TRANSPORT | Losing connections

Posted on 08/03/2013


Photo: JM John Armstrong & Ross Barber, Long Time, No See? Project

Yesterday I read about the State Government’s review of SEQ bus services, which is outlined online at This has now prompted a small lobbying and letter writing campaign, as it appears that the direct bus route which runs mostly along Gympie Road will now terminate at Chermside Bus Interchange and require commuters to transfer. It will also include a few more back street detours to make the trip longer. The points I raise with elected representatives and the local newspaper are noted below. If anyone can think of additional points, then please let me know.

As an Aspley resident, I regularly use the 340 and find that this route, as a continuous route from Aspley to the city running every 15 minutes is not only efficient for me but also provides convenience and safety. I applauded the introduction last year of greater frequency of the 340 and noted news reports that stated this resulted in higher bus usage.

As I understand it, the proposal from the State Government is to discontinue the direct service from Carseldine/Aspley (and beyond) to the city. There is now an expectation that local residents change bus at Chermside to access buses to the city and the along teh Gympie Road corridor. I question the assertion that this is efficient. Data indicates that Aspley residents commute 9km for work, on average. This would mean significant numbers are commuting well beyond Chermside and towards the city, as the major employment and economic node. My experience using the 340 or 341 during peak times indicates that there are significant numbers of longer distance commuters using the bus.

The proposed changes will result in negative impacts which will become disincentives for bus usage including:

  • Added inconvenience and commute lengths, a loss of the gains made as a result of the northern busway and higher frequency. Council’s data indicates that people will only tolerate travel times of around 45 minutes for work. It is already taking 30 to 40 minutes to commute from Aspley to the city. This disrupts work/life/travel balance.
  • Inefficient linkages/transfers and unreliable connections for outer northern commuters at Carseldine Station and Chermside. Despite the high frequency of buses from Chermside to the City, there are times when I have waited up to 15 minutes for a connecting bus.
  • Issues of safety and security for night time commutes in areas which do not have significant passive surveillance, such as Chermside Bus Interchange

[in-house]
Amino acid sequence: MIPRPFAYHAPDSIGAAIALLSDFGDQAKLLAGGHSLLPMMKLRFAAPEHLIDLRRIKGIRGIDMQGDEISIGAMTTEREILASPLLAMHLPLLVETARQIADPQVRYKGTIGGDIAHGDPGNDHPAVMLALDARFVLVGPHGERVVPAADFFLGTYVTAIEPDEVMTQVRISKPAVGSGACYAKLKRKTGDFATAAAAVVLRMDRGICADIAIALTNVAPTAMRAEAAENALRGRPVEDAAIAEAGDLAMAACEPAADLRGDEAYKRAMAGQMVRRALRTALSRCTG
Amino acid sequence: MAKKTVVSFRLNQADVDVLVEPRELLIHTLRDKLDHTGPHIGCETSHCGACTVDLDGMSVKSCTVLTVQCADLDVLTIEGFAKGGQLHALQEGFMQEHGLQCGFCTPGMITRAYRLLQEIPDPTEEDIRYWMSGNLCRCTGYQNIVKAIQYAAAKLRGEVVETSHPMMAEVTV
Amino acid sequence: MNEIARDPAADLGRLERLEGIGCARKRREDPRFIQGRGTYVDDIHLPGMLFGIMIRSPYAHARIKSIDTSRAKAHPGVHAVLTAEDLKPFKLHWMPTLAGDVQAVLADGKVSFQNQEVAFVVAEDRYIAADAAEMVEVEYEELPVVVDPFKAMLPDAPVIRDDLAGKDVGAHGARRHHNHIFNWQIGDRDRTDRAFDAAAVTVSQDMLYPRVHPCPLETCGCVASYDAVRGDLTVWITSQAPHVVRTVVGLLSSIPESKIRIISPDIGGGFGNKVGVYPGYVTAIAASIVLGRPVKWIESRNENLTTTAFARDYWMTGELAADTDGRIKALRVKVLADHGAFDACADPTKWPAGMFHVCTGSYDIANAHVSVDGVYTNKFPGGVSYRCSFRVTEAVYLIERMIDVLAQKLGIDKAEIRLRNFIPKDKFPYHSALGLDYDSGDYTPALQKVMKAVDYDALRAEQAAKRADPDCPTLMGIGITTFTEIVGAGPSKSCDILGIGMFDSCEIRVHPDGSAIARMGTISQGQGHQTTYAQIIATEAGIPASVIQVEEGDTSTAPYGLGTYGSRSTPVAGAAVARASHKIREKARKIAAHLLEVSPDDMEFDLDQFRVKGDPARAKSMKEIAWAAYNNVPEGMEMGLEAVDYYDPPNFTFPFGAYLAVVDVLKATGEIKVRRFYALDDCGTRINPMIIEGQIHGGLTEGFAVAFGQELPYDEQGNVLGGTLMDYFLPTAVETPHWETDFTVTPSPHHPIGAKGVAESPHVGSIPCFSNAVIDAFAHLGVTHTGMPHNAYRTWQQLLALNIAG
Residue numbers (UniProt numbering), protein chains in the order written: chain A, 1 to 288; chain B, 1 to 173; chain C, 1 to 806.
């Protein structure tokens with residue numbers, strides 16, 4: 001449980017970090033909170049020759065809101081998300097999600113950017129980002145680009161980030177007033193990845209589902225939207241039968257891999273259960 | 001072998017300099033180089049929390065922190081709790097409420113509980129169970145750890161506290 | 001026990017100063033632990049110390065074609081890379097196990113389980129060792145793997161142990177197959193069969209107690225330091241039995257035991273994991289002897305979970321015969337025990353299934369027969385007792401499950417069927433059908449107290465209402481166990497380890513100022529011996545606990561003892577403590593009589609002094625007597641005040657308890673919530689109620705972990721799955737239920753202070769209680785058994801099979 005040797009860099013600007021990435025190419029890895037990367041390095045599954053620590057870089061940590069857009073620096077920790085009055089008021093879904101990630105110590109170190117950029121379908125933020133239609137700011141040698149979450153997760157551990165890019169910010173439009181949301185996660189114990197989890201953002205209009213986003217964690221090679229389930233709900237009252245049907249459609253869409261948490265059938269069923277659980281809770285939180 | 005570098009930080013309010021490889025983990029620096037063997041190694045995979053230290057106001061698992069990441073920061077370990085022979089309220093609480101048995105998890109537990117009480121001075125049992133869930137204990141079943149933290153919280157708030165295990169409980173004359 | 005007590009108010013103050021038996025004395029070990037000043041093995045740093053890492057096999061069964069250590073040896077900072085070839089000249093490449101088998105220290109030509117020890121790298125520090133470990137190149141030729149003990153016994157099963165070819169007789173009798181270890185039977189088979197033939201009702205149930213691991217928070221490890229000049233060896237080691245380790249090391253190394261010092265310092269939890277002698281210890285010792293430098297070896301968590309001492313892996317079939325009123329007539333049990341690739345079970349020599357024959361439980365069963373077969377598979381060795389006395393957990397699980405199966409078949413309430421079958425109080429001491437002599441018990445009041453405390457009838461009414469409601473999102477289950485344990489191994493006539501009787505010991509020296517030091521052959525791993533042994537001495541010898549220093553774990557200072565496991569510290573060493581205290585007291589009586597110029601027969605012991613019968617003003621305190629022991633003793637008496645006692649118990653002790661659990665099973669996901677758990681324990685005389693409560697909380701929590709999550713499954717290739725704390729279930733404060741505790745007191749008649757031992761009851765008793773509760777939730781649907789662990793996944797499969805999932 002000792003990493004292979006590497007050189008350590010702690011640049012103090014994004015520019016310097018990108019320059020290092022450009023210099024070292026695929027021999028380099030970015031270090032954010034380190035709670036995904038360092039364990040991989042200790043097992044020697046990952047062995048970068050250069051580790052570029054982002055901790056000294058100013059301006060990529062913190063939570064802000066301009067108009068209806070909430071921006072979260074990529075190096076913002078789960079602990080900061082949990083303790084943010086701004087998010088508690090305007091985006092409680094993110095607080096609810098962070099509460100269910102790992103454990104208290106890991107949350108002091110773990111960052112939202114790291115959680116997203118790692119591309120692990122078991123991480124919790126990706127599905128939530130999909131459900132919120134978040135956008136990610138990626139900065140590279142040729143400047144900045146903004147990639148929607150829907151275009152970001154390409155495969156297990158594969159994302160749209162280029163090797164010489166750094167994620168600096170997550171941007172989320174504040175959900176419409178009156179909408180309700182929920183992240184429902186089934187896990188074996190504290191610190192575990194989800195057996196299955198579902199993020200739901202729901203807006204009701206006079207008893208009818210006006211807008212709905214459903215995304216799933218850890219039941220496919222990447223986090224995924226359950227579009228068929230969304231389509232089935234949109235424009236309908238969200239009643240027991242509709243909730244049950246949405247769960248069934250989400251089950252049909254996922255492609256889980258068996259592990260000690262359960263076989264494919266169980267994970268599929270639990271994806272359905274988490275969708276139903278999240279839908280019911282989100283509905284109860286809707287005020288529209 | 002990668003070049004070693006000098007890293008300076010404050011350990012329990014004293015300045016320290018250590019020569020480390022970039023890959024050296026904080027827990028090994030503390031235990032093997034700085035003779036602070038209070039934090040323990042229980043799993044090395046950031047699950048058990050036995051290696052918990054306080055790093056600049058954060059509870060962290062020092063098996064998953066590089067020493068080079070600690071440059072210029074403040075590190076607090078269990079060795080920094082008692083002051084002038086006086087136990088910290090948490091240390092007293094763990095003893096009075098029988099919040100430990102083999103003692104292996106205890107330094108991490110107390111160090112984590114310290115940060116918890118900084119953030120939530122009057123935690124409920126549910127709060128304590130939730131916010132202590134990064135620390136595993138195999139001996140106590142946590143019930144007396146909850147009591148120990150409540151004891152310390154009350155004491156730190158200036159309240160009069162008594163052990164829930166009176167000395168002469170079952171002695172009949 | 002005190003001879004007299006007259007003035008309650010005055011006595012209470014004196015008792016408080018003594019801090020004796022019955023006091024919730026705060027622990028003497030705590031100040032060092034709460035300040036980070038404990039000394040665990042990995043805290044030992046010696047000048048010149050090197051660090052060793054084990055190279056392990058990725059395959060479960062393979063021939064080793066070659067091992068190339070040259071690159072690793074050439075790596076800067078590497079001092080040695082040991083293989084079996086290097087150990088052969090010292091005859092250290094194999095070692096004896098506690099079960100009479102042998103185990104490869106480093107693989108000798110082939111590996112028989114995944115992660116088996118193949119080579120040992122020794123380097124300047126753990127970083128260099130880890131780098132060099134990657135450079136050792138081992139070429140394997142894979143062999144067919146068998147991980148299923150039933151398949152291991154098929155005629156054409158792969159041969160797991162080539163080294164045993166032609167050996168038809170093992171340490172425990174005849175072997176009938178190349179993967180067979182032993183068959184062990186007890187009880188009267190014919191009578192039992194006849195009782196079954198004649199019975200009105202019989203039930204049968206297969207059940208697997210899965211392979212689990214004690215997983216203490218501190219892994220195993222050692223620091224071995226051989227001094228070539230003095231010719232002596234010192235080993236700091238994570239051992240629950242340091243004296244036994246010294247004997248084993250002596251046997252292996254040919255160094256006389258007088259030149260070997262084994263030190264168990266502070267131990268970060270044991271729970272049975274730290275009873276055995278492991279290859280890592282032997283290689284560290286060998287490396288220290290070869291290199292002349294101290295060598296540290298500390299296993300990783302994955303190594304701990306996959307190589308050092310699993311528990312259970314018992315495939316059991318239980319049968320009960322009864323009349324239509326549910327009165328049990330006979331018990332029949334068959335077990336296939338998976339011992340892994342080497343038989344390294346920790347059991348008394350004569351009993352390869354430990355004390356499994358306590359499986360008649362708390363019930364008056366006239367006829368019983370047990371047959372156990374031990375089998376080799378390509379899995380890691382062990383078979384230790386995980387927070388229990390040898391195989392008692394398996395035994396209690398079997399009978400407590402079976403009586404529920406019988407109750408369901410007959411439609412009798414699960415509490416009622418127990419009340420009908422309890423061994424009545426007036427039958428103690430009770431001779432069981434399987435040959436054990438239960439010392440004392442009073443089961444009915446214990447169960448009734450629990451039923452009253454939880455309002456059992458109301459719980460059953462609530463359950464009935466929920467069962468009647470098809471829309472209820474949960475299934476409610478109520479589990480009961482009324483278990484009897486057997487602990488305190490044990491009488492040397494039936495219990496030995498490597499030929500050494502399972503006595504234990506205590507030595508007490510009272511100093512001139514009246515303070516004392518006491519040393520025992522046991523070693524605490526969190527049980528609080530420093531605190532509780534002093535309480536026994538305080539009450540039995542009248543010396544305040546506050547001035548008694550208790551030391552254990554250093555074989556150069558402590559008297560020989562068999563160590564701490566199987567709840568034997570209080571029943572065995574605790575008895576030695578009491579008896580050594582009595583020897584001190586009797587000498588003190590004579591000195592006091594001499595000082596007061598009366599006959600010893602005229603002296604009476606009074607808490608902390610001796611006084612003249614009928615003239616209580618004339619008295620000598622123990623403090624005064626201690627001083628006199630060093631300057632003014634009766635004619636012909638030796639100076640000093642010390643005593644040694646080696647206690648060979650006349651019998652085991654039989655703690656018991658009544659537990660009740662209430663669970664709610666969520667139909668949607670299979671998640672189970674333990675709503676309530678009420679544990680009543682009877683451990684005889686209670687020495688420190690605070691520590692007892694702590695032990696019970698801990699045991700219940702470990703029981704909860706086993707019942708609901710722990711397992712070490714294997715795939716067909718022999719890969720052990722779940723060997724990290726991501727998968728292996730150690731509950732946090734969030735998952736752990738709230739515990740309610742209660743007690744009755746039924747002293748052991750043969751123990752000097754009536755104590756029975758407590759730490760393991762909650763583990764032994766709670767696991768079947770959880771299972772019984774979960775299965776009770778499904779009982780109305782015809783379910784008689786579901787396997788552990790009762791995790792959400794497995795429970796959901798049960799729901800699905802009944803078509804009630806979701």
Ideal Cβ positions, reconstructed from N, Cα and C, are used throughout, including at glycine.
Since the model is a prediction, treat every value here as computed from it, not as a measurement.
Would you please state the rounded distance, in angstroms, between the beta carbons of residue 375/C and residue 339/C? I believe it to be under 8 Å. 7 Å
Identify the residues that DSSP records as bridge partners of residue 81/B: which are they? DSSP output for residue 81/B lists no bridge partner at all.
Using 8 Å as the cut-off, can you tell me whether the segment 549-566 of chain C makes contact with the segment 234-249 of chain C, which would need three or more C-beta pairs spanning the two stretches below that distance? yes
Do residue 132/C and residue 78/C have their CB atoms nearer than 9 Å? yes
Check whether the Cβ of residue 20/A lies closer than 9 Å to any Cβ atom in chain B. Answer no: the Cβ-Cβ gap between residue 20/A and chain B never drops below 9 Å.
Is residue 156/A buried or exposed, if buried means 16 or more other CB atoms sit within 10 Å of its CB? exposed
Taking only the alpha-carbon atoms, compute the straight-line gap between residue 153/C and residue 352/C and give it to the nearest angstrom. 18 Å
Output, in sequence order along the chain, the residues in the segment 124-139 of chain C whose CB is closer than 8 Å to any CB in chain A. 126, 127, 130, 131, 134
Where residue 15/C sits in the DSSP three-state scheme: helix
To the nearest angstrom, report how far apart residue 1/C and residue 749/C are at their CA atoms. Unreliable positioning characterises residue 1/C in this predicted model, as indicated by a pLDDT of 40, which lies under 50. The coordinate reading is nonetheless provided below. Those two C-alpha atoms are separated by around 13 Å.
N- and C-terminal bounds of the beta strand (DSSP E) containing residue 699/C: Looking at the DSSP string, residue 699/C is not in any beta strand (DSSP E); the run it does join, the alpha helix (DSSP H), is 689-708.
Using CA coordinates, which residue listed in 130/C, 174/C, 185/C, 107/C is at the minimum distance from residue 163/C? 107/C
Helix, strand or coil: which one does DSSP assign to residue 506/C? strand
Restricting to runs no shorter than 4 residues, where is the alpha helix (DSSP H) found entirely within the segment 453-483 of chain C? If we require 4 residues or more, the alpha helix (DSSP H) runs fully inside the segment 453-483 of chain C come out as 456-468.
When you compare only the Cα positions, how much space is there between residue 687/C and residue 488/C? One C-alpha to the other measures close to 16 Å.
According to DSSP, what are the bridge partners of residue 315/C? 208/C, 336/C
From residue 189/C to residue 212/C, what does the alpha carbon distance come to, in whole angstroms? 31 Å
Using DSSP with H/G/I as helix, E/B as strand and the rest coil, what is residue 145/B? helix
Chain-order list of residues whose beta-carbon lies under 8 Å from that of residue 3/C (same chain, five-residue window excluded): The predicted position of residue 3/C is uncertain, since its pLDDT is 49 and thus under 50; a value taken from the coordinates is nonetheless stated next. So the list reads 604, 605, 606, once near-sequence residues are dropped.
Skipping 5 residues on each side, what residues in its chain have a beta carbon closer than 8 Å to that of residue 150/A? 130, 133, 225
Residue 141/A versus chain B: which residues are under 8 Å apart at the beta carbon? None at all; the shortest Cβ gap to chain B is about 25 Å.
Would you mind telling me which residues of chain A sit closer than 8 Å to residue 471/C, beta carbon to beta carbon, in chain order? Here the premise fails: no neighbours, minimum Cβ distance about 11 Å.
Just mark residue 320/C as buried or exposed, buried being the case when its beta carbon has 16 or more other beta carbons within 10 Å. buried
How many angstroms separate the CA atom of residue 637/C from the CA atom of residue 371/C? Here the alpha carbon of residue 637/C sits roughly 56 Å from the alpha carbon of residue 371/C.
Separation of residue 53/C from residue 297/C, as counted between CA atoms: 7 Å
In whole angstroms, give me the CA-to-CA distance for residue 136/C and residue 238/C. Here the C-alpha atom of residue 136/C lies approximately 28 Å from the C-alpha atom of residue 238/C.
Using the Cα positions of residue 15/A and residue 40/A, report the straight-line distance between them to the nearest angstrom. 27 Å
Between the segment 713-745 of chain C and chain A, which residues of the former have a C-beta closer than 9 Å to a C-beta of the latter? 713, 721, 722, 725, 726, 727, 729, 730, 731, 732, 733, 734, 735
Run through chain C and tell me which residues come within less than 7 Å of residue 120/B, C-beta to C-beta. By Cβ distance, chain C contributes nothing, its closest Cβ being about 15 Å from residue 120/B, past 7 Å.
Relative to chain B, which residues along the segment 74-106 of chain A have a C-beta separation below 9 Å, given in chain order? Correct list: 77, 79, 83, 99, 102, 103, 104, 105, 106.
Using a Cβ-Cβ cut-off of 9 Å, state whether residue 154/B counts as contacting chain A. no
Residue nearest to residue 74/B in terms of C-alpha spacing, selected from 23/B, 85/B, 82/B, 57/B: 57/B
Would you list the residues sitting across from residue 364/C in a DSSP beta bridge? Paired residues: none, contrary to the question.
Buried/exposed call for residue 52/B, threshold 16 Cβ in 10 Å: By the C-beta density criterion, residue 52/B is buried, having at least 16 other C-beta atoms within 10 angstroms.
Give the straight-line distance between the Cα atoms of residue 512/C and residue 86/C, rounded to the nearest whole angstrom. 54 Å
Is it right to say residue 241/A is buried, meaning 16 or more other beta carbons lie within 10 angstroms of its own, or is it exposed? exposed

• Value for money. Brisbane residents are already paying the third highest public transport fares in the world. The changes do not provide value for money from a user perspective.
  • The local area and Chermside do not offer the full range of employment, recreational, cultural, health and sporting opportunities required for social inclusion and wellbeing. Providing a local area service does not cancel out the need for direct routes to and from the city.

I believe the expectation of commuters to change buses on a major corridor – as the bus runs directly along Gympie Road for most of its journey – is ludicrous. The service seems to work well now and I believe most users, like me, are satisified with the current service. Corridors are built for transporting people and goods directly, not for imposing unnecessary disconnects and inconveniences for travel. This recommendation is not just poor planning but also poor service design.

Australia’s low density development, as is evident in Brisbane, means that outer suburbs are particularly vulnerable to social exclusion and disadvantage due to transport access and inequitable distribution of economic and social opportunities. Those residents tend to be car dependent and make more trips per day than residents of areas closer to the CBD or other centres. Similarly, some households, particularly low income households, are vulnerable to financial stresses from petrol costs. Dodson and Sipe’s VAMPIRE (Vulnerability Assessment for Mortgage, Petroleum and Inflation Risks and Expenses) Index identifies the extent of socio-economic stress in metropolitan areas, finding an overall national trend of a widening vulnerability gap. With urban structure and car reliance resulting in long commutes to employment, congestion negatively impacts on wellbeing and social capital. While the provision of increased public transport may seem like a solution to this issue, commutes on public transport can be crowded and longer than driving. Service and network design are key issues for public transport – this means enhancing the experience and accessibility. Public transport networks are rarely comprehensive and outer suburbs tend to experience more sparse servicing than middle and inner areas. Any reduction in mobility – be it for reasons of access or affordability – means that people are less able to connect with social, environmental and economic opportunities.

I have just participated in the BCC’s Active Aspley Community Planning Team which highlighted the strong links between public transport, walkability and cyclability. A small change to the bus service that generates disincentives can have a ripple effect and push people back into their cars.

Posted in: transport